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Invasive plants affect arbuscular mycorrhizal fungi abundance and species richness as well as the performance of native plants grown in invaded soils

Zubek, Szymon, Majewska, Marta L., Błaszkowski, Janusz, Stefanowicz, Anna M., Nobis, Marcin, Kapusta, Paweł
Biology and fertility of soils 2016 v.52 no.6 pp. 879-893
Plantago lanceolata, Reynoutria japonica, Rudbeckia laciniata, Solidago gigantea, Trifolium repens, chlorophyll, fluorescence, habitats, indigenous species, invasive species, mycorrhizal fungi, photosynthesis, physicochemical properties, rivers, secondary metabolites, shoots, soil chemical properties, soil physical properties, species diversity, valleys, vesicular arbuscular mycorrhizae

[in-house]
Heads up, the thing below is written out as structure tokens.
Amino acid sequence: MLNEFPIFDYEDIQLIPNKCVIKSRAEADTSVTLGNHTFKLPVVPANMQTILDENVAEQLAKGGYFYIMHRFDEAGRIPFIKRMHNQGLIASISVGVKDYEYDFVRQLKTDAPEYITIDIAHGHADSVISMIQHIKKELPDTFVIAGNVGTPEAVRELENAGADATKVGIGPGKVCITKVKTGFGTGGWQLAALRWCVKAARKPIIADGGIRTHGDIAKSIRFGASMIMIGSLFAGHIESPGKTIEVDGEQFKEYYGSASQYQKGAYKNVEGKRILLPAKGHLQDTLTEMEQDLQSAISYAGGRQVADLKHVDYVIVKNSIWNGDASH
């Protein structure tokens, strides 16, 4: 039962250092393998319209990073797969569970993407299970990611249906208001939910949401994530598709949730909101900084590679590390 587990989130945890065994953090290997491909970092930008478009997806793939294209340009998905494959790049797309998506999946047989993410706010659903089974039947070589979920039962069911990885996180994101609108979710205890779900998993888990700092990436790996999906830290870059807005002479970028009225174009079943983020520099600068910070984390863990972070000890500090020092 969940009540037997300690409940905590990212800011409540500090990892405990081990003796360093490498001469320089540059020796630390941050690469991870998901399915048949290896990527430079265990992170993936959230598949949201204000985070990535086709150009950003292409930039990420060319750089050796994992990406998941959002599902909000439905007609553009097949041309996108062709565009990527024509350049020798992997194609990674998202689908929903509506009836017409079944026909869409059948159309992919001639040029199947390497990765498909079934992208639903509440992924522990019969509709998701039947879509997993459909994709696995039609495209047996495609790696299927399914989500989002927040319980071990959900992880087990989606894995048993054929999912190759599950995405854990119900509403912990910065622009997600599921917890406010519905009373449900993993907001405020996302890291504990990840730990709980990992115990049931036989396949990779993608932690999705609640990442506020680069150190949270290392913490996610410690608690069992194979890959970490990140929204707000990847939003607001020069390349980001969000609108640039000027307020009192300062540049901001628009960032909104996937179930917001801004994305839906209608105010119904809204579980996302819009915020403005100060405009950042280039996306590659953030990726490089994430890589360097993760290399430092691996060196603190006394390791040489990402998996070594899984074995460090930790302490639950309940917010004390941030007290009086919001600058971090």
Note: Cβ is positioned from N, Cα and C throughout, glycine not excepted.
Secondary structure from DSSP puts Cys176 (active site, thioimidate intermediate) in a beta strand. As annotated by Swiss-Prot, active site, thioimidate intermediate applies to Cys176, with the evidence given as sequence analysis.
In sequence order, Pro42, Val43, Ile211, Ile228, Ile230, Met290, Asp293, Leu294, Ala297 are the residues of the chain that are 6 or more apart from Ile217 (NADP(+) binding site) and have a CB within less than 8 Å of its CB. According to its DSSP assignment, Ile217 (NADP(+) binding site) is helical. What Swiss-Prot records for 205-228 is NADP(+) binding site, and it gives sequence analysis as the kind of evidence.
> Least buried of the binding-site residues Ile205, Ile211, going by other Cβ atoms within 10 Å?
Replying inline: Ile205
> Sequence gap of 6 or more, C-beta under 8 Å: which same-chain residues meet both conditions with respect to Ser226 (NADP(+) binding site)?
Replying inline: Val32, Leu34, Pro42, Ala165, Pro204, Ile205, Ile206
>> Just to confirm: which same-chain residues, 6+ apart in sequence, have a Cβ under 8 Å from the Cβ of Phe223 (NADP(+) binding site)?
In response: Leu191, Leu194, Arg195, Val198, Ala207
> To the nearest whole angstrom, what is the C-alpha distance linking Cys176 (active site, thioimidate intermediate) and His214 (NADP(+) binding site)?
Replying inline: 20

We studied the effects of invasions by three plant species: Reynoutria japonica, Rudbeckia laciniata, and Solidago gigantea, on arbuscular mycorrhizal fungi (AMF) communities in habitats located within and outside river valleys. Arbuscular mycorrhizal colonization, AMF abundance and species richness in soils were assessed in adjacent plots with invaders and native vegetation. We also quantified the performance (expressed as shoot mass, chlorophyll fluorescence, and the concentration of elements in shoots) of two common, mycorrhizal native plants, Plantago lanceolata and Trifolium repens, grown in these soils. The invasions of R. japonica, R. laciniata, and S. gigantea influenced AMF communities compared to native vegetation, but the changes depended on the mycorrhizal status of invaders. The effects of non-mycorrhizal R. japonica were the most pronounced. Its invasion reduced AMF abundance and species richness. In the plots of both mycorrhizal plants, R. laciniata and S. gigantea, we observed decreased AMF species richness in comparison to native vegetation. The AMF community alterations could be due to (i) depletion of organic C inputs to AMF in the case of R. japonica, (ii) plant secondary metabolites that directly inhibit or selectively stimulate AMF species, or (iii) changes in soil physicochemical properties induced by invasions. The effect of invasion on AMF abundance and species richness did not generally differ between valley and outside-valley habitats. The invasions affected photosynthetic performance and the concentrations of elements in the shoots of P. lanceolata or T. repens. However, the directions and magnitude of their response depended on both species identity and the mycorrhizal status of invaders.